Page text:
Tag Archives: Night Moves (1975)

Projection Booth podcast #352: Kiss Me Deadly

It was a joy and a thrill to join film scholar Kevin Heffernan and Mike White, host of the terrific Projection Booth podcast, for an episode of his show on what is probably my favourite film noir, Robert Aldrich’s Kiss Me Deadly (1955).

Kiss Me Deadly is one of those films I watch every year or so and always find something new to appreciate about it. Talking with my two co-podcasters, I discovered even more to like about it. Issues canvassed during this podcast include:

Mike Hammer (and Mickey Spillane) as the personification of the crisis in post WWII masculinity, and the women in the film as examples of females who are fighting against the confines of their role in American society in the 1950s.

Pulp fiction.

The film’s popularity in France, particularly within surrealist circles for its depiction of the incoherence of everyday life and mass commercial culture.

The Cold War nuclear state, paranoia and surveillance.

THAT answering machine.

Jack Elam.

Ernest Laszlo’s sensational cinematography.

Los Angeles’ former Bunker Hill area as the 1940s/50s B-movie/noir outdoor film shooting location of choice.

The psychiatrist as an archetypal villain in 1940s/1950s American film.

Other fictional noir detective equivalents to Mike Hammer, including Harry Moseby in Arthur Penn’s 1975 film, Night Moves (okay that last part might of been just me).… Read more

Night Moves

One of the things I like best about the Christmas/New Year period is it’s a good chance to catch up on my movie viewing. This holiday season I re-watched the neo-noir, Night Moves. Made in 1973, but not released until 1975, Night Moves belongs to a period of US film making that is probably my favourite. It’s a complex, meandering and multi-layered film that perfectly captures the moral and political ambiguity of the time. I wanted to review Night Moves for this site but discovered a recent post on the same topic that does it much better than I ever could by a friend called Dean Brandum.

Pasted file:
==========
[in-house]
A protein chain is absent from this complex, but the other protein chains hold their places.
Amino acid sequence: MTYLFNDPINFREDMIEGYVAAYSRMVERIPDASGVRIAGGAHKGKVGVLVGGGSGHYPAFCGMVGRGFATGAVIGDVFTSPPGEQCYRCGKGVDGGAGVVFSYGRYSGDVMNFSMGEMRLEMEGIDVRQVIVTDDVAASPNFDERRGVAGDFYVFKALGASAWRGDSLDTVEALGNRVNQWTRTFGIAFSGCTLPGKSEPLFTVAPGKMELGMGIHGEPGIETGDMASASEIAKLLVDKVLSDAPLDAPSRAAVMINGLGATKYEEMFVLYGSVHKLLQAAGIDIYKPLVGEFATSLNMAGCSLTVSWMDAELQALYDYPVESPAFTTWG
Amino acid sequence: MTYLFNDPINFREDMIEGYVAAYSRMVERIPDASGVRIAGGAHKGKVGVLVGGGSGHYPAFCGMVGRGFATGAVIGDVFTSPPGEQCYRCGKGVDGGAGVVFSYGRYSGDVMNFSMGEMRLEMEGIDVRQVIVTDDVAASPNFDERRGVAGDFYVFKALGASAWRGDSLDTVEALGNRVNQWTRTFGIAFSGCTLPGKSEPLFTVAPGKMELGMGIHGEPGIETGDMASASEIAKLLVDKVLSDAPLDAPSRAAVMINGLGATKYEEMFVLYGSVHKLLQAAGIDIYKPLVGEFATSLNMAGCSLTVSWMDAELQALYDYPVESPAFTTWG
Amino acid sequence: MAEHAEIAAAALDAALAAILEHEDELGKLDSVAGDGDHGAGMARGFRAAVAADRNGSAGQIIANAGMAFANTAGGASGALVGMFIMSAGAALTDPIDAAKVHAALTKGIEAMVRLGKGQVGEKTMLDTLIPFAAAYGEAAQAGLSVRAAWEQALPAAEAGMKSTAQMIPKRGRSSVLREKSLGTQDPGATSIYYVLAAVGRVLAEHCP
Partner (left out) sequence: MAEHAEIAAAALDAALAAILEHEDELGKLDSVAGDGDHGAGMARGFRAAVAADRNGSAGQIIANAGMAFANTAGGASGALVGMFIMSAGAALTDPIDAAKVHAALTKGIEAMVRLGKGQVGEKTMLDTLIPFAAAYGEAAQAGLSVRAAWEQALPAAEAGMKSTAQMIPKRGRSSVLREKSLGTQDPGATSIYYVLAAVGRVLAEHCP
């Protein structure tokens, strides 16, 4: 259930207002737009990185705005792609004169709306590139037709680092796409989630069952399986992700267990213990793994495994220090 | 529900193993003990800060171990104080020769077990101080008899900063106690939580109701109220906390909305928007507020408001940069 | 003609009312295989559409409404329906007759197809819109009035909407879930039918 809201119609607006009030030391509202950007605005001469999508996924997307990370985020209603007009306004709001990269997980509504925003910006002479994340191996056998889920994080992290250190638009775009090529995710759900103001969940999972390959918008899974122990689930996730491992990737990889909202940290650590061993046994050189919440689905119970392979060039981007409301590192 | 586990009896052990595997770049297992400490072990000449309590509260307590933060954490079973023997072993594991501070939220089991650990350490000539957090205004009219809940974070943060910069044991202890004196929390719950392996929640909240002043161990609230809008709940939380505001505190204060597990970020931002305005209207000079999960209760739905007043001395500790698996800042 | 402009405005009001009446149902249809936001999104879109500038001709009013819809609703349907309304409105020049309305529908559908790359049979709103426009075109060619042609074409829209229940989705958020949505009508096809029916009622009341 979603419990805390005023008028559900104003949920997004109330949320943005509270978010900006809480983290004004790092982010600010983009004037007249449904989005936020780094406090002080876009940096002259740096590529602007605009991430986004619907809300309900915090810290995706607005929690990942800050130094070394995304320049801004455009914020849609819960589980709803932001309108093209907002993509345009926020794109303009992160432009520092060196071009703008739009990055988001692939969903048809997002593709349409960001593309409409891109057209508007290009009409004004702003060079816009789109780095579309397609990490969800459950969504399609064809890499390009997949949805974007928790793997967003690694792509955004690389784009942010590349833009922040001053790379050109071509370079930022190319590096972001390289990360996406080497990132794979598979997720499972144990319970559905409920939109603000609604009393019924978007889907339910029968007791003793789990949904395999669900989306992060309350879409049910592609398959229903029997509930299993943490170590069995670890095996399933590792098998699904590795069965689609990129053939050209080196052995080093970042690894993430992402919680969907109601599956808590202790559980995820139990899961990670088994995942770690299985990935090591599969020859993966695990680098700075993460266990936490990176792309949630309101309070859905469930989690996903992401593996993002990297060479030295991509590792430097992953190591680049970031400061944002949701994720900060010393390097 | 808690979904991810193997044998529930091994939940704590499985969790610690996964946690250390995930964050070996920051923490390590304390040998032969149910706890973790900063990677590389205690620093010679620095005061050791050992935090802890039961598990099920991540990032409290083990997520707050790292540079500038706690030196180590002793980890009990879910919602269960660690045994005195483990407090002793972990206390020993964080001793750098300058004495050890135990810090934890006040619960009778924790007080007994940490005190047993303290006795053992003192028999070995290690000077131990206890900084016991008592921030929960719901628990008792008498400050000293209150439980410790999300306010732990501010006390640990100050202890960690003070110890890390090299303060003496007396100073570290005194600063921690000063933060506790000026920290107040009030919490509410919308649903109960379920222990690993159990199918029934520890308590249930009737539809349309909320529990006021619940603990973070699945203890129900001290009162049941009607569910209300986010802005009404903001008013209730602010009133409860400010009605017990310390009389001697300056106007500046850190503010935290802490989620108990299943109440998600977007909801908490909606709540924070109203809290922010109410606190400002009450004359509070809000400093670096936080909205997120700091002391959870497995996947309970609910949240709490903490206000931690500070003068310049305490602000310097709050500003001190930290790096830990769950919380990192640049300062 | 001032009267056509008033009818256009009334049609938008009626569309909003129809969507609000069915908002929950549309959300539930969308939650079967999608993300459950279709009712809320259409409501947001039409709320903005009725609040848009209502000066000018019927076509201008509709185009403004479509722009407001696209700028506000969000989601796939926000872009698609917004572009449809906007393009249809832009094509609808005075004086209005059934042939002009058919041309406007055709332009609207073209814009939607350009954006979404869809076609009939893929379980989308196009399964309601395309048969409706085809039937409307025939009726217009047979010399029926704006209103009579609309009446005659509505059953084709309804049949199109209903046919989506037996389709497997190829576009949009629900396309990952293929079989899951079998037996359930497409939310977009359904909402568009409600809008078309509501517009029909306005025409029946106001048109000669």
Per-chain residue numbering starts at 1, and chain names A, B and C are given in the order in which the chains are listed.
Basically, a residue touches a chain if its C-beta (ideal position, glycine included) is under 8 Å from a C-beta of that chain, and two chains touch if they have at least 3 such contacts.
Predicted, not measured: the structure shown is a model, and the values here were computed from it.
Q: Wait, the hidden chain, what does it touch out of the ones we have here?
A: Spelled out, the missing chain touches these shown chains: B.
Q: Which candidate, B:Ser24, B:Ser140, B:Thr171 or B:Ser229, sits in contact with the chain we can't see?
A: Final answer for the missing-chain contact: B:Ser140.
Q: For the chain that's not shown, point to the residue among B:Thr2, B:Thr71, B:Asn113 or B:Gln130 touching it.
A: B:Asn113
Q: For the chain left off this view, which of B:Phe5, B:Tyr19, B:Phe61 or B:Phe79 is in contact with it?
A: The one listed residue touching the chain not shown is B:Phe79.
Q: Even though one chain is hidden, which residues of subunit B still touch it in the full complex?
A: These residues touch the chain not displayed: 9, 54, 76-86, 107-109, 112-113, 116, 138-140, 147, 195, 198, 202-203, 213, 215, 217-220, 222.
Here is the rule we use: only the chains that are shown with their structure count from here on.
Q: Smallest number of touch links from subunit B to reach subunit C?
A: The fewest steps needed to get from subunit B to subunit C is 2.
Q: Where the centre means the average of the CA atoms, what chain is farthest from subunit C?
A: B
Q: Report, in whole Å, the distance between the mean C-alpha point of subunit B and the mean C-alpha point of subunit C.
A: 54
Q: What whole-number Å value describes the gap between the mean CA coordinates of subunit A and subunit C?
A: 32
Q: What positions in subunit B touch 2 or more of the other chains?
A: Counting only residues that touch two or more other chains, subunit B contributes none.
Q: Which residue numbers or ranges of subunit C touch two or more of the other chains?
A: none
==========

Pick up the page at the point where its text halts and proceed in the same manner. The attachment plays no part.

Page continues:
Dean’s the man behind a terrific web site called Technicolor Yawn (for overseas readers that’s Australian slang for throwing up), which chronicles the history of Melbourne’s now vanished grindhouse cinema scene in the seventies and early eighties. He’s a great guy and what he doesn’t know about cinema is not worth knowing. The following review appeared on his site in mid-December. Enjoy.

BTW, I’ll be interviewing Dean about Melbourne’s forgotten grindhouse cinema scene on Pulp Curry sometime in the next few weeks.

“I remember Bobby (Kennedy) when he got shot, the newsreels made it look like everything was happening under water” – Paula (Jennifer Warren) in Night Moves 

It’s that certain visual aesthetic; let’s call it “muted Cannon with a chance of showers” that veneers so many Los Angeles set film noir of the early 1970s, differentiating it from the monochrome 40s-50s and the swimming pool enhanced glare of the 1960s.… Read more